The Consul of Elders

An overview of how Consul software makes it easy to identify and find docker containers in large scale deployments

Two weeks ago I had an opportunity to architect and deploy a cluster of self-provisioning Docker Swarm servers, which utilised Consul as their shared database. Thanks to Consul, we could immediately identify the address and services running on any container in the cluster. This technology was remarkably easy to deploy. In fact, the biggest challenge was getting an understanding of how all the different pieces fit together. What we really needed was an educational-scifi-adventure movie to help educate everyone on these amazing tools. After all, we all know how warp drive and death stars work, and it’s that kind of knowledge that can only be taught through movies.

Michael Richardson

Beer and pizza. Fish and chips. Docker and Consul. Sometimes perfect matches are discovered, and there’s no going back.

Two weeks ago I had an opportunity to architect and deploy a cluster of self-provisioning Docker Swarm servers, which utilised Consul as their shared database. Thanks to Consul, we could immediately identify the address and services running on any container in the cluster.

This technology was remarkably easy to deploy. In fact, the biggest challenge was getting an understanding of how all the different pieces fit together.

What we really needed was an educational-scifi-adventure movie to help educate everyone on these amazing tools. After all, we all know how warp drive and death stars work, and it’s that kind of knowledge that can only be taught through movies.

Act 1 - The Great Migration

This is the story about the Republic of the Swarm. A peaceful galactic empire of super-intelligent AI.

In the beginning, each AI lived in it’s own server. Nobody moved around, so each AI knew where all the other AIs lived, but this was expensive and the AIs couldn’t move easily to find new work.

So a great migration occurs, and all the AI pack up and move to Container City. A cluster of commoditised computers running functional, light-weight apartments. Just the kind that AIs like.

Rents fall, AIs move freely to balance their needs, and productivity goes through the roof.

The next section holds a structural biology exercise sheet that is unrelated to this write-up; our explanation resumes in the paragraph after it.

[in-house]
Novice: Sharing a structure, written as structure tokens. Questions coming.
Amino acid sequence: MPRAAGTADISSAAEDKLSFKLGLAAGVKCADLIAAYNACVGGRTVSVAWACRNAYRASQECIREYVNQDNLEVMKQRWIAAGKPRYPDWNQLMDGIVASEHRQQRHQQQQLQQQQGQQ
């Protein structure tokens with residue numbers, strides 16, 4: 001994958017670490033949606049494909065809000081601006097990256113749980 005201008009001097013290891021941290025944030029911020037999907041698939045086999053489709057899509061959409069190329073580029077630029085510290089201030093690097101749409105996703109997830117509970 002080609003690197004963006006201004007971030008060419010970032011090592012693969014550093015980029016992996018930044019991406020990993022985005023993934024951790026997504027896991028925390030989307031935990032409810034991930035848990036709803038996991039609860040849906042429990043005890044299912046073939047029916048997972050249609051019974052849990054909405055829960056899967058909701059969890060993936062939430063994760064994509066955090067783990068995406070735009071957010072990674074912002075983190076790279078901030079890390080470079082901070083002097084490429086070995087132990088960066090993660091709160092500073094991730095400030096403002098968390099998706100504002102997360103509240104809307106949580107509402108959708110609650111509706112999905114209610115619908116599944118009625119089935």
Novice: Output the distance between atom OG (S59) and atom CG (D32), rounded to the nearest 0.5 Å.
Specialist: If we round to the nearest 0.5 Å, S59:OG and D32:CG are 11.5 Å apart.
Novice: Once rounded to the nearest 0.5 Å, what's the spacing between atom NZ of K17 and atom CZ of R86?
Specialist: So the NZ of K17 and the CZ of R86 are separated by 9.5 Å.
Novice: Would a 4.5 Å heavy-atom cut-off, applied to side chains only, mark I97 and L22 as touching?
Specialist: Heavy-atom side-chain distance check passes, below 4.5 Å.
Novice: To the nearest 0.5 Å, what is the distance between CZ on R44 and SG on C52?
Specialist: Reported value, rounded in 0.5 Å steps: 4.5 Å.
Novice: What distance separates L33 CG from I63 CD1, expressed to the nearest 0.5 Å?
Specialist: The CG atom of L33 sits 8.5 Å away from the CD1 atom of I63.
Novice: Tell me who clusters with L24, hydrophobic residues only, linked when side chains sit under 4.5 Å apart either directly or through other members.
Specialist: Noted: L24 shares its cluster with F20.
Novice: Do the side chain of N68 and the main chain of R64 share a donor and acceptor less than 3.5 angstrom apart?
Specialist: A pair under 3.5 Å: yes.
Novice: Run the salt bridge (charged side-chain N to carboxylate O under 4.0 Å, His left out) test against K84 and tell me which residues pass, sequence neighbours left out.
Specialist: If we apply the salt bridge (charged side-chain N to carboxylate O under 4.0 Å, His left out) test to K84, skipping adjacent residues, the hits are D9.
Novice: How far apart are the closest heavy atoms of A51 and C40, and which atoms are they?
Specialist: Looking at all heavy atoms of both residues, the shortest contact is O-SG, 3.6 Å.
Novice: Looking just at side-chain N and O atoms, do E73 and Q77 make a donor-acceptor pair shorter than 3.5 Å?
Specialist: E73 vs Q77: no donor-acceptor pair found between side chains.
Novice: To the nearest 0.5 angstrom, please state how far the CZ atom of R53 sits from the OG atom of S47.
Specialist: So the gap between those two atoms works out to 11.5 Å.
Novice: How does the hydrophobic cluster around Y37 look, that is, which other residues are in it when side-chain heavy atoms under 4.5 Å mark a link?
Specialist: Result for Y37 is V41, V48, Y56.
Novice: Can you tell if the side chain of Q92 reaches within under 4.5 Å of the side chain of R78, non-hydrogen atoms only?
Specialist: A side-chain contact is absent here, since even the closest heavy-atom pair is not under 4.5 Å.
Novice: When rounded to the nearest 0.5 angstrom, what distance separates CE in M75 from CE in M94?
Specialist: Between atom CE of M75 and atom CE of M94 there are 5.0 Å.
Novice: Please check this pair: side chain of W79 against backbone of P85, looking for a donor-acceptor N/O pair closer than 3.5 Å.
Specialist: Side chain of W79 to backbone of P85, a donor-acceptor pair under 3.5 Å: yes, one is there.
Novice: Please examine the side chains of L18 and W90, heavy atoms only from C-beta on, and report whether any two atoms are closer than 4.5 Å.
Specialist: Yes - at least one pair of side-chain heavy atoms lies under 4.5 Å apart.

Act 2 - Tragedy

Suddenly, an entirely-foreseeable tragedy befalls the Republic. Now that every AI is moving around at random, nobody can find anybody else and the city falls into chaos.

Upon hearing of this, the nefarious Bare Metal Alliance - a vast trade empire now facing ruin since the Republic doesn’t have to buy so much hardware - launch an all-out assault. Their goal is simple: force the Republic to abandon containerisation and return to the old, costly ways of single server environments.

Act 3 - War!

Enter our protagonist, Unit Ad9. This humble little AI knows that only the great Lord Redis, leader of the Swarm Armies, has the ability to defeat the Bare Metal Alliance and bring peace to the republic.

But alas! Ad9 has no way to find Lord Redis, as she may be living in any part of the city and it’s impossible tell where.

In a desperate bid to save the Republic, Ad9 travels to the Temple of Curl, to summon the ancient and long-forgotten Consul of Elders. The Consul of Elders is the only hope we have of finding Lord Redis.

In our epic climax, Ad9 calls upon the Consul of Elders to help him find Lord Redis and save the empire.

Consuls, our city is in disarray. Our people are scattered across many small, functional apartments we all love, but we cannot find each other.

The evil Bare Metal Alliance has dispatched a fleet of Chaos Monkey-class Warships in attempt to impose their archaic ways upon our once great Republic.